Case-ready Lamb tray. Clockwise from bottom left: Arm Chops, Shoulder Chops, Shank, Leg Roast, Loin chops, Leg steaks, Rib Chops

The shoulder of most animals are typically best braised until the meat falls off the bone. Lamb shoulder is a bit more versatile and is just as suitable as a roast; You can tie it up bone in, or to make carving easier have the blade-bone removed. If the shank is attached to the shoulder, make a cut around the bone end to release the tendons, so that the meat shrinks back from the bone as it cooks. And of course we always recommend keeping any removed bones for stock or to add flavor to soups and stews.

Lamb Shoulder Pot Roast Salad

Adapted from The Butcher’s Guide to Well Raised Meat, by Joshua and Jessica Applestone of Fleisher’s and Alexandra Zissu

Boneless Lamb Shoulder Roast
  • 5 lbs Boneless lamb shoulder, cleaned and tied.
  • 4 shallots, unpeeled, halved
  • 6 garlic cloves
  • Coarse Sea Salt
  • 2 cups chicken stock, or 1 cup lamb stock + 1 cup chicken stock
  • 2 heads arugula or watercress
  • small handful of chopped mint
  • 1 cup cherries, pitted and diced
  • 1 blood orange, halved and seeded
  • 2 tablespoons pomegranate molasses (optional)
  • 2 tablespoons pine nuts, toasted (optional)
  • 3 tablespoons feta cheese (optional)
  • Pita bread, warmed, for serving

Preheat the oven to 325°F. Heat a large ovenproof pot over medium heat. Add the lamb and brown it on all sides, 6 to 8 minutes total. Transfer the lamb to a platter. Add the shallots and garlic to the pot and cook, stirring, until they are soft and golden brown, about 4 minutes. Add a pinch of salt to the pot, then pour in the stock and bring the mixture to a boil. Return the lamb to the pot, cover, and transfer to the oven.

Roast the lamb for about 5 hours, until the lamb is literally falling apart. Take the lamb out of the oven and let it cool in the pot. About an hour before you want to eat, take the lamb out of the pot. Cut and remove the twine. Remove as much of the fat as possible and shred the meat into uniform pieces with two forks.

Put the arugula on a platter and put the shredded lamb on top. Sprinkle with coarse or flaky sea salt, the chopped mint and diced cherries. Talk one half of the blood orange and squeeze the juice over the salad (add the pomegranate molasses if you want a stronger, juicier, fruitier salad). Scatter the toasted nuts and feta, is using. Serve the salad while the lamb is still warm, before the lamb fat congeals, with the warmed pita on the side.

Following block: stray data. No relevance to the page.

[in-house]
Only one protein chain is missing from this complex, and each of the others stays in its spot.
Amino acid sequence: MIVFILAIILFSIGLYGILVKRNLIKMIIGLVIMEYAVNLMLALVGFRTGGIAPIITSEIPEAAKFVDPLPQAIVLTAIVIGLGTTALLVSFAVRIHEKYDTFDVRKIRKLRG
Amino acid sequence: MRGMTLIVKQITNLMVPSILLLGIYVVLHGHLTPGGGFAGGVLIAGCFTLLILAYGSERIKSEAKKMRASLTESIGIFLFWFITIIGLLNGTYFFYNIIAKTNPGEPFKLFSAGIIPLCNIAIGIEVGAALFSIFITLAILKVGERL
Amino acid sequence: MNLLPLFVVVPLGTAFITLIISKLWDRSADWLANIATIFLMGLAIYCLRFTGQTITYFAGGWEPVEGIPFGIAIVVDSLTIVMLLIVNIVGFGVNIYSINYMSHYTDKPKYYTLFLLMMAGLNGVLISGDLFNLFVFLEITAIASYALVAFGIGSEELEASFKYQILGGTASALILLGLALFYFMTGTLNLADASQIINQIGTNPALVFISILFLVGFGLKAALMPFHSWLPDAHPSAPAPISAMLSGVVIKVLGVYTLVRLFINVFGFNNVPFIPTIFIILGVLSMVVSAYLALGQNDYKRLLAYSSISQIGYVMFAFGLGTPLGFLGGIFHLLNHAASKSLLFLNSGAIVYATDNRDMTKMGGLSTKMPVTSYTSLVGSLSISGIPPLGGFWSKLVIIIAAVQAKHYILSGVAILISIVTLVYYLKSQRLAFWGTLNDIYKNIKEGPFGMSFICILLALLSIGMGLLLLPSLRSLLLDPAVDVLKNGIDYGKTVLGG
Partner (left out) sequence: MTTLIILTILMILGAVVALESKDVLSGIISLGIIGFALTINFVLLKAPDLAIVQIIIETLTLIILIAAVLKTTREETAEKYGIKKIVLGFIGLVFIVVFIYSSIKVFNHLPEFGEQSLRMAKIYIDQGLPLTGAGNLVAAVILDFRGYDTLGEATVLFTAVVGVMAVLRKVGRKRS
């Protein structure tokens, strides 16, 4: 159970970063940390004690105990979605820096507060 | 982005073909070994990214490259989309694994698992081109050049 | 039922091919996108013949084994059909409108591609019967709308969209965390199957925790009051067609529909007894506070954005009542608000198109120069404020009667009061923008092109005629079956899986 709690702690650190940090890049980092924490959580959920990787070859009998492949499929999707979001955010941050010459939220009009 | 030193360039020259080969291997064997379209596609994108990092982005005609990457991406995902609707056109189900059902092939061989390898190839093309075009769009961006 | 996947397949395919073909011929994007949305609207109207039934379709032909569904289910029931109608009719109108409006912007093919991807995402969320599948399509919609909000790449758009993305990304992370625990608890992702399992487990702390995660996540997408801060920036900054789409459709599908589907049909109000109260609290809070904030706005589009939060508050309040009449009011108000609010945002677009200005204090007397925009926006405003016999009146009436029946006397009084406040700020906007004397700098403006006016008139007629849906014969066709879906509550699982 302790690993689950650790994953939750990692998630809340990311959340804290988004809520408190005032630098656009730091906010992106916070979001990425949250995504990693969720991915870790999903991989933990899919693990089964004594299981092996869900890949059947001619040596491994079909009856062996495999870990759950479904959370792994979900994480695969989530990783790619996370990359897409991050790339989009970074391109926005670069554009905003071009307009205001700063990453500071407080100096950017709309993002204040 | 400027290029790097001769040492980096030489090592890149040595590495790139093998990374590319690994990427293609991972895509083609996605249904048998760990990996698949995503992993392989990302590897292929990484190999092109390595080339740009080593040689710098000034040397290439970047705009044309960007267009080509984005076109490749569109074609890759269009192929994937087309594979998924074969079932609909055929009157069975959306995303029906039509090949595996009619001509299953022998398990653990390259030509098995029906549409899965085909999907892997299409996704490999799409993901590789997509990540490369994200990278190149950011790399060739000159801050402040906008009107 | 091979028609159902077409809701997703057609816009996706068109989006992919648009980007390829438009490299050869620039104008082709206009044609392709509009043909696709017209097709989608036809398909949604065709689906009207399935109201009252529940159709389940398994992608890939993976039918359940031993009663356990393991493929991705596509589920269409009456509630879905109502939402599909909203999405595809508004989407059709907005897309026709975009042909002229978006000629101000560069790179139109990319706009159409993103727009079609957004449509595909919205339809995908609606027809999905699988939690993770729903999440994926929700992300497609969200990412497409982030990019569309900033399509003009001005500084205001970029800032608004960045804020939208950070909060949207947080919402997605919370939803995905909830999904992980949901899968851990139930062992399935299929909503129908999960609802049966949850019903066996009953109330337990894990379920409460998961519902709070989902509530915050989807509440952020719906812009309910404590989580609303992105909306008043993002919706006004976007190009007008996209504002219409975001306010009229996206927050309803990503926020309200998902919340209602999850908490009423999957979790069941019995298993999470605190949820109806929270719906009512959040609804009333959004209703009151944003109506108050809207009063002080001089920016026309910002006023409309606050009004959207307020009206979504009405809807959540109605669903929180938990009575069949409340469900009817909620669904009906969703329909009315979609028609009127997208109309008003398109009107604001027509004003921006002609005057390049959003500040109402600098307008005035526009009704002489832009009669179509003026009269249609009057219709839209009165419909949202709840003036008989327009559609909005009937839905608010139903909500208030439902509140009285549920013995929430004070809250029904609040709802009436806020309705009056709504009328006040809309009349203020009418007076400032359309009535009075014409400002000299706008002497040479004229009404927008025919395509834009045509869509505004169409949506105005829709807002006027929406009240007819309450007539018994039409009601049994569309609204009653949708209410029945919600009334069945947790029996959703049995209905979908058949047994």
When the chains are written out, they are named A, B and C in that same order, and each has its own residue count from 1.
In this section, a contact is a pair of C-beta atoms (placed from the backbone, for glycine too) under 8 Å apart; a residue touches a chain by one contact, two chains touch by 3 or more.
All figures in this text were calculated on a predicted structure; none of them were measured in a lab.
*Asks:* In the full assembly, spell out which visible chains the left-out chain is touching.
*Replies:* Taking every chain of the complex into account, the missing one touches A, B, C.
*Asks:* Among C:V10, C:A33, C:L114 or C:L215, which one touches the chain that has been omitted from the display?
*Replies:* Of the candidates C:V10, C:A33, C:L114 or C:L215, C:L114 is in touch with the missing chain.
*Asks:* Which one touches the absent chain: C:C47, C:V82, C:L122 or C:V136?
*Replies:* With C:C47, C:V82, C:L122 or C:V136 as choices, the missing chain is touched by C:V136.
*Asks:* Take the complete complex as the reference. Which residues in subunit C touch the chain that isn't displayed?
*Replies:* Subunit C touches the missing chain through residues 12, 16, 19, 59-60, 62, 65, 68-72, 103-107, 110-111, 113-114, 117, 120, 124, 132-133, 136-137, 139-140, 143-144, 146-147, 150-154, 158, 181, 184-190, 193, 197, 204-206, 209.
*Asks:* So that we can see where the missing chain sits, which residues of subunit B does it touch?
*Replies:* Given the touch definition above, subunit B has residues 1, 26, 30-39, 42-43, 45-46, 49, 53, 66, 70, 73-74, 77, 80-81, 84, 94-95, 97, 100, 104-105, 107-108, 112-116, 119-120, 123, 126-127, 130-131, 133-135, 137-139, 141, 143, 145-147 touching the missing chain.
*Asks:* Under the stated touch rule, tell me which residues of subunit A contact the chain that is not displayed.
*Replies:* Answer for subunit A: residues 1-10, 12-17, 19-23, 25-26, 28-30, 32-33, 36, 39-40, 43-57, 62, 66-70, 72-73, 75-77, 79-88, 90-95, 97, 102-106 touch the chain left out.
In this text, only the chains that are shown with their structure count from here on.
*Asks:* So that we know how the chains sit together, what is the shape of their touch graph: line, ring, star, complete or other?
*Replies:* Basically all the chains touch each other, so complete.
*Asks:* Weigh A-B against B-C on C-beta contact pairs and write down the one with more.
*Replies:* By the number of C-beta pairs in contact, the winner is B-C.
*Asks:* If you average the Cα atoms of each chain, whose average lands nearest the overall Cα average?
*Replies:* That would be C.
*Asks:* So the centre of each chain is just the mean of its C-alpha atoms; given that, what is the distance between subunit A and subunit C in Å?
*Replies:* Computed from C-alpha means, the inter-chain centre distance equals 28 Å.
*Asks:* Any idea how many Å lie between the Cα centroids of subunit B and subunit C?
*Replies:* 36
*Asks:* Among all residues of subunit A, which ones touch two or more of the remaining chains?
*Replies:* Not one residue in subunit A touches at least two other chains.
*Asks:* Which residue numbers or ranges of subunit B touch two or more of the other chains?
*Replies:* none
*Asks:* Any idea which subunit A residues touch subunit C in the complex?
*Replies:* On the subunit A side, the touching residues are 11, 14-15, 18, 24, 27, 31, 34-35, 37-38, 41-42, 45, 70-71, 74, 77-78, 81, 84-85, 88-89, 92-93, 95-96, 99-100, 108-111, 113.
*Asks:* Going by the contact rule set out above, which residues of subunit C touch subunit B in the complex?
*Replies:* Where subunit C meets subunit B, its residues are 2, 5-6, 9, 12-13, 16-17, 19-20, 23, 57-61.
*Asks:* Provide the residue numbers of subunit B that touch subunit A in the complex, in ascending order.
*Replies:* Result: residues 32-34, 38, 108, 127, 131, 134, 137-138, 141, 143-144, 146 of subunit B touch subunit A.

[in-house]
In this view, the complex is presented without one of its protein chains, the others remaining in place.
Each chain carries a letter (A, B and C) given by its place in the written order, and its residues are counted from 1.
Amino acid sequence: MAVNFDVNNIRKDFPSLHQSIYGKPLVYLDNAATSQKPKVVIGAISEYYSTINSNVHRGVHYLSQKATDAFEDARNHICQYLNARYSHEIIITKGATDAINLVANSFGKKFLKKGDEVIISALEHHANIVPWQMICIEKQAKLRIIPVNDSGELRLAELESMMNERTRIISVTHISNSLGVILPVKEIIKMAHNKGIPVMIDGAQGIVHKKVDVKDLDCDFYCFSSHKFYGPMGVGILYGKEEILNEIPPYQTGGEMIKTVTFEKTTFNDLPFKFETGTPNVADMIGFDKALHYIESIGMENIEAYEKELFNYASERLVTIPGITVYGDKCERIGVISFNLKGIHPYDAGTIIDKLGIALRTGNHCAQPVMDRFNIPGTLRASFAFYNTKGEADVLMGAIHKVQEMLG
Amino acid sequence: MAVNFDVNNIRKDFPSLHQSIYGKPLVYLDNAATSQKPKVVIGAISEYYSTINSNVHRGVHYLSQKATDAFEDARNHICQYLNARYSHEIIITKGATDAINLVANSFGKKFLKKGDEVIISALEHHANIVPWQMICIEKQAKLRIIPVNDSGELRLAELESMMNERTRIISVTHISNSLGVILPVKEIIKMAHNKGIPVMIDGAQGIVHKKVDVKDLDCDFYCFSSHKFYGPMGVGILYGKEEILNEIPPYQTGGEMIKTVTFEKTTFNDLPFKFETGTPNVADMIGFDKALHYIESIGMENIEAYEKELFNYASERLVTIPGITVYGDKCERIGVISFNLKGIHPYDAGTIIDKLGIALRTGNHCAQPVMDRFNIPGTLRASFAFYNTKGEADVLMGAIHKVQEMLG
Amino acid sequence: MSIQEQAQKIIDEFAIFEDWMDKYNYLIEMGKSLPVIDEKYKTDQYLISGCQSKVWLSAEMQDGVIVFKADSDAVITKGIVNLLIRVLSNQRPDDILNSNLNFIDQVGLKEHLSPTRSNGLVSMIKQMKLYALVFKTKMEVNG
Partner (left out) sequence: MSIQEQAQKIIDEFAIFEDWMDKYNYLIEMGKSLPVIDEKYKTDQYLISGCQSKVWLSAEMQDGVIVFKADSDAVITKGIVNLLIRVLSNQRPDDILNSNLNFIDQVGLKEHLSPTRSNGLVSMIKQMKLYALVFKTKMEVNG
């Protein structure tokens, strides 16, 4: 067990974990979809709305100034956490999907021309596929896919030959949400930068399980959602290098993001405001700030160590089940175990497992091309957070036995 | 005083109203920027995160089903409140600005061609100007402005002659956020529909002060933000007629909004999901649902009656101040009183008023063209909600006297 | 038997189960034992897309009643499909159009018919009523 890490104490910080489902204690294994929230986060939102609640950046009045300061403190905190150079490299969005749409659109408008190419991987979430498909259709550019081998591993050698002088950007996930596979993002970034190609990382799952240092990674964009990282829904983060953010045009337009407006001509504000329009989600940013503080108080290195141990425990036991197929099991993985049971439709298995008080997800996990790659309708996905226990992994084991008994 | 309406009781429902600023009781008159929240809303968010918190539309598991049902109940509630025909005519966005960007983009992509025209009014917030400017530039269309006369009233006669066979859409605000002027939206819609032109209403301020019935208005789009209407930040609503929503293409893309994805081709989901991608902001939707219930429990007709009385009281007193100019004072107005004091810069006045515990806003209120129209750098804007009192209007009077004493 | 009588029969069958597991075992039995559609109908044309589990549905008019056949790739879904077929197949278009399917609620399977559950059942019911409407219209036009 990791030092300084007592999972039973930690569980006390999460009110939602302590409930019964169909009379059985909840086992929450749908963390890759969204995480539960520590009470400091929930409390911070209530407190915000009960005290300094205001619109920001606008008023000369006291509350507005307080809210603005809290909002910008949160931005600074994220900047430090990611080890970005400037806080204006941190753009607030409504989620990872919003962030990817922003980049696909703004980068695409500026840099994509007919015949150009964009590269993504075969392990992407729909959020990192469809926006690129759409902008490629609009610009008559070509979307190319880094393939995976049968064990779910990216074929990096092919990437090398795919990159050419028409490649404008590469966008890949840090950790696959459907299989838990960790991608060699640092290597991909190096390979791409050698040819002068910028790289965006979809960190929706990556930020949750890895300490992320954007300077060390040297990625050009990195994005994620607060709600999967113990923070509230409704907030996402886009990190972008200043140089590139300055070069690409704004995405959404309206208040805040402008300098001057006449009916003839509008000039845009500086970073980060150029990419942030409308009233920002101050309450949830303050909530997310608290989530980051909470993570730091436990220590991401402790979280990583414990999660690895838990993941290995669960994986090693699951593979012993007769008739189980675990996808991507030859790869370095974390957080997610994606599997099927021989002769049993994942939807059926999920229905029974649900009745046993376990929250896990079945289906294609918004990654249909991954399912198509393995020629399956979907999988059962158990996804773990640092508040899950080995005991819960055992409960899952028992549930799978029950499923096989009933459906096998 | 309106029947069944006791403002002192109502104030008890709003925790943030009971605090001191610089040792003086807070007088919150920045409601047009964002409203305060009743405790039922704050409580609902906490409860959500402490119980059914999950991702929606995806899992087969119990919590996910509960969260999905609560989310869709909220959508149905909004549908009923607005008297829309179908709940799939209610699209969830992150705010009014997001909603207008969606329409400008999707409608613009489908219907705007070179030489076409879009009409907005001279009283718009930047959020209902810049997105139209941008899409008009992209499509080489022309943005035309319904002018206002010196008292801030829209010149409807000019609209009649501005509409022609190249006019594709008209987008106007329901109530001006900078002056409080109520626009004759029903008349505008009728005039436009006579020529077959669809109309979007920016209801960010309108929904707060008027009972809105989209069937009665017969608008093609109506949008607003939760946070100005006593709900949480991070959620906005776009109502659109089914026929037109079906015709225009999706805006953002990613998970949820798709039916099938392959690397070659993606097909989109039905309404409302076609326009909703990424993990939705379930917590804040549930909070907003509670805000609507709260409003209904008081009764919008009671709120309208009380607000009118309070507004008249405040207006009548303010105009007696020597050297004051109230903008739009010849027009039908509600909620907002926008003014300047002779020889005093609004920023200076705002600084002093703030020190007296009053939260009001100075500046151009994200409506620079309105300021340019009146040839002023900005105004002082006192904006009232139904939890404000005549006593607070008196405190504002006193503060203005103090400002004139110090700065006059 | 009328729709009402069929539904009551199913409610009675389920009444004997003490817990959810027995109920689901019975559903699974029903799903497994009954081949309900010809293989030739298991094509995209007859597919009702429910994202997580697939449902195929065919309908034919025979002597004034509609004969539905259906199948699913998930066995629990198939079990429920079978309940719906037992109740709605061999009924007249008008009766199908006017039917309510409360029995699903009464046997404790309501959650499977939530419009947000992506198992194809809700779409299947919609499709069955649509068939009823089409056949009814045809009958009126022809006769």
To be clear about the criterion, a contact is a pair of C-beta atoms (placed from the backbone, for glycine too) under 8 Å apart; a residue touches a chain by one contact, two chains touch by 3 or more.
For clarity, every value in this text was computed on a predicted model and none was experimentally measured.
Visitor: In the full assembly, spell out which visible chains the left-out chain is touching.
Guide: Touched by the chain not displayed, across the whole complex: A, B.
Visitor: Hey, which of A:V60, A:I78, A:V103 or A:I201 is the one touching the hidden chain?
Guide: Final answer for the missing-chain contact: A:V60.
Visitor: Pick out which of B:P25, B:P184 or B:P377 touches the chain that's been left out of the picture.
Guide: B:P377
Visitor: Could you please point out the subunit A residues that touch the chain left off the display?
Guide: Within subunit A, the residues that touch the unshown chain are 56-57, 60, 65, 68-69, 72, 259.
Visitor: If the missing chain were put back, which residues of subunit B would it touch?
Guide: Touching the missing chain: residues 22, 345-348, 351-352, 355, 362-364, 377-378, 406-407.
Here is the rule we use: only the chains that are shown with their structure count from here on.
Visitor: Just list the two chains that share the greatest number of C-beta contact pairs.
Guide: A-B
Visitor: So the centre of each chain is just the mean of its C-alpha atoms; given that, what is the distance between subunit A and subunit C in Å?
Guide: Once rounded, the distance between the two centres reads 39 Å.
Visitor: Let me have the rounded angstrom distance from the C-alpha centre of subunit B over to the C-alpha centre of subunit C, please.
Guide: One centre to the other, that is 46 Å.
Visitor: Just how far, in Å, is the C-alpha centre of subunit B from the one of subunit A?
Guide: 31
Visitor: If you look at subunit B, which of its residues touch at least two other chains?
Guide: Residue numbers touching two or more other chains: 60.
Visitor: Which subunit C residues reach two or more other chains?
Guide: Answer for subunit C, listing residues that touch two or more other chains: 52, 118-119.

Lamb Neck is an economical cut, but that doesn’t mean it doesn’t taste good. Similar to oxtail, the connective and fatty tissues marbling the meat make the neck a rich cut perfect for braising. The flavor will cut through heavily spiced soups and stews, or you can shred the meat and toss with Gemelli noodles, braised leafy greens (chard, kale, dandelion), a shaoxing-wine sauce and garnished with shaved parmesan. However you like it, lamb neck is best prepared ahead of time so you have a chance to skim the fat off before serving.

Whole Lamb Neck with Lemons, Olives, and Mint

..from Odd Bits, by Jennifer McLagan

Lamb Neck Chops
  • A whole lamb neck (about 3# or more)
  • Coarse sea salt and freshly ground black pepper
  • 2 tablespoons rendered lamb fat or lard
  • 2 onions, chopped
  • 2 carrots, peeled and chopped
  • 2 stalks celery, sliced
  • 2 lemons
  • 1 bunch fresh mint
  • 1 head garlic
  • 1 fresh bay leaf
  • 1 dried chile (de arbol, Guajillo, or whatever you desire)
  • 1 cup (250ml) dry white wine
  • 2 cups (500ml) Lamb Stock
  • 1 cup (5 ounces/140 grams) green olives

Remove the neck from your fridge an hour before cooking.
Preheat the oven to 325°F / 160°C
Pat the lamb dry and season well with salt and pepper. In a large, heavy flameproof casserole or Dutch oven, melt half of the fat over medium-high heat and brown the neck, then transfer to a plate.
Add the remaining fat with the onions, carrots, and celery to the pan, stir, and cook until the vegetables are slightly softened and beginning to stick to the pan.

Meanwhile, finely grate the zest from the lemons and set aside, and cut the lemons into thick slices, discarding the ends. Remove enough small leaves from the bunch of mint to make 1/2 cup (5g), then select 20 of the mint stems, setting the stems and leaves aside separately. Slice the top off the garlic head to expose the cloves. Add the lemons slices, mint stems, garlic, bay leaf, and chile to the pan. Pour in the wine and deglaze the pan, using a wooden spoon to scrape up the browned bits from the bottom.

Add the stock and bring to a boil. Return the neck to the pan, cover the lamb with a piece of wet parchment paper and the lid, transfer to the oven, and cook for 1 1/2 hours. Uncover the pan and remove the parchment paper and continue to cook until the meat is almost falling off the bone, about 1 hour.
Meanwhile, crack the olives using the flat side of a heavy chef’s knife (bottom of a pan will work, too). Remove and discard the pits, and set the olives aside.

Transfer the lamb neck to a carving board and loosely cover with aluminum foil to keep warm. Strain the cooking liquid through a sieve into a measuring cup, pressing on the vegetables to extract all the juice. Discard the veggies. Let the liquid stand for 5 minutes to allow the fat and broth to separate. Skim off the fat and discard (or save for another use!) Return the liquid to the pan, bring to a boil over medium heat, and boil until reduced by 25% (if starting with 2 cups, reduce to 1 1/2 cups).

Using a fork, pull the lamb off the bone in large pieces. Cut the lamb meat into thick slices and place in a warm serving dish. Add the olives to the sauce, check the seasoning, and pour the sauce over the sliced lamb. Add the mint leaves and lemon zest. Serve!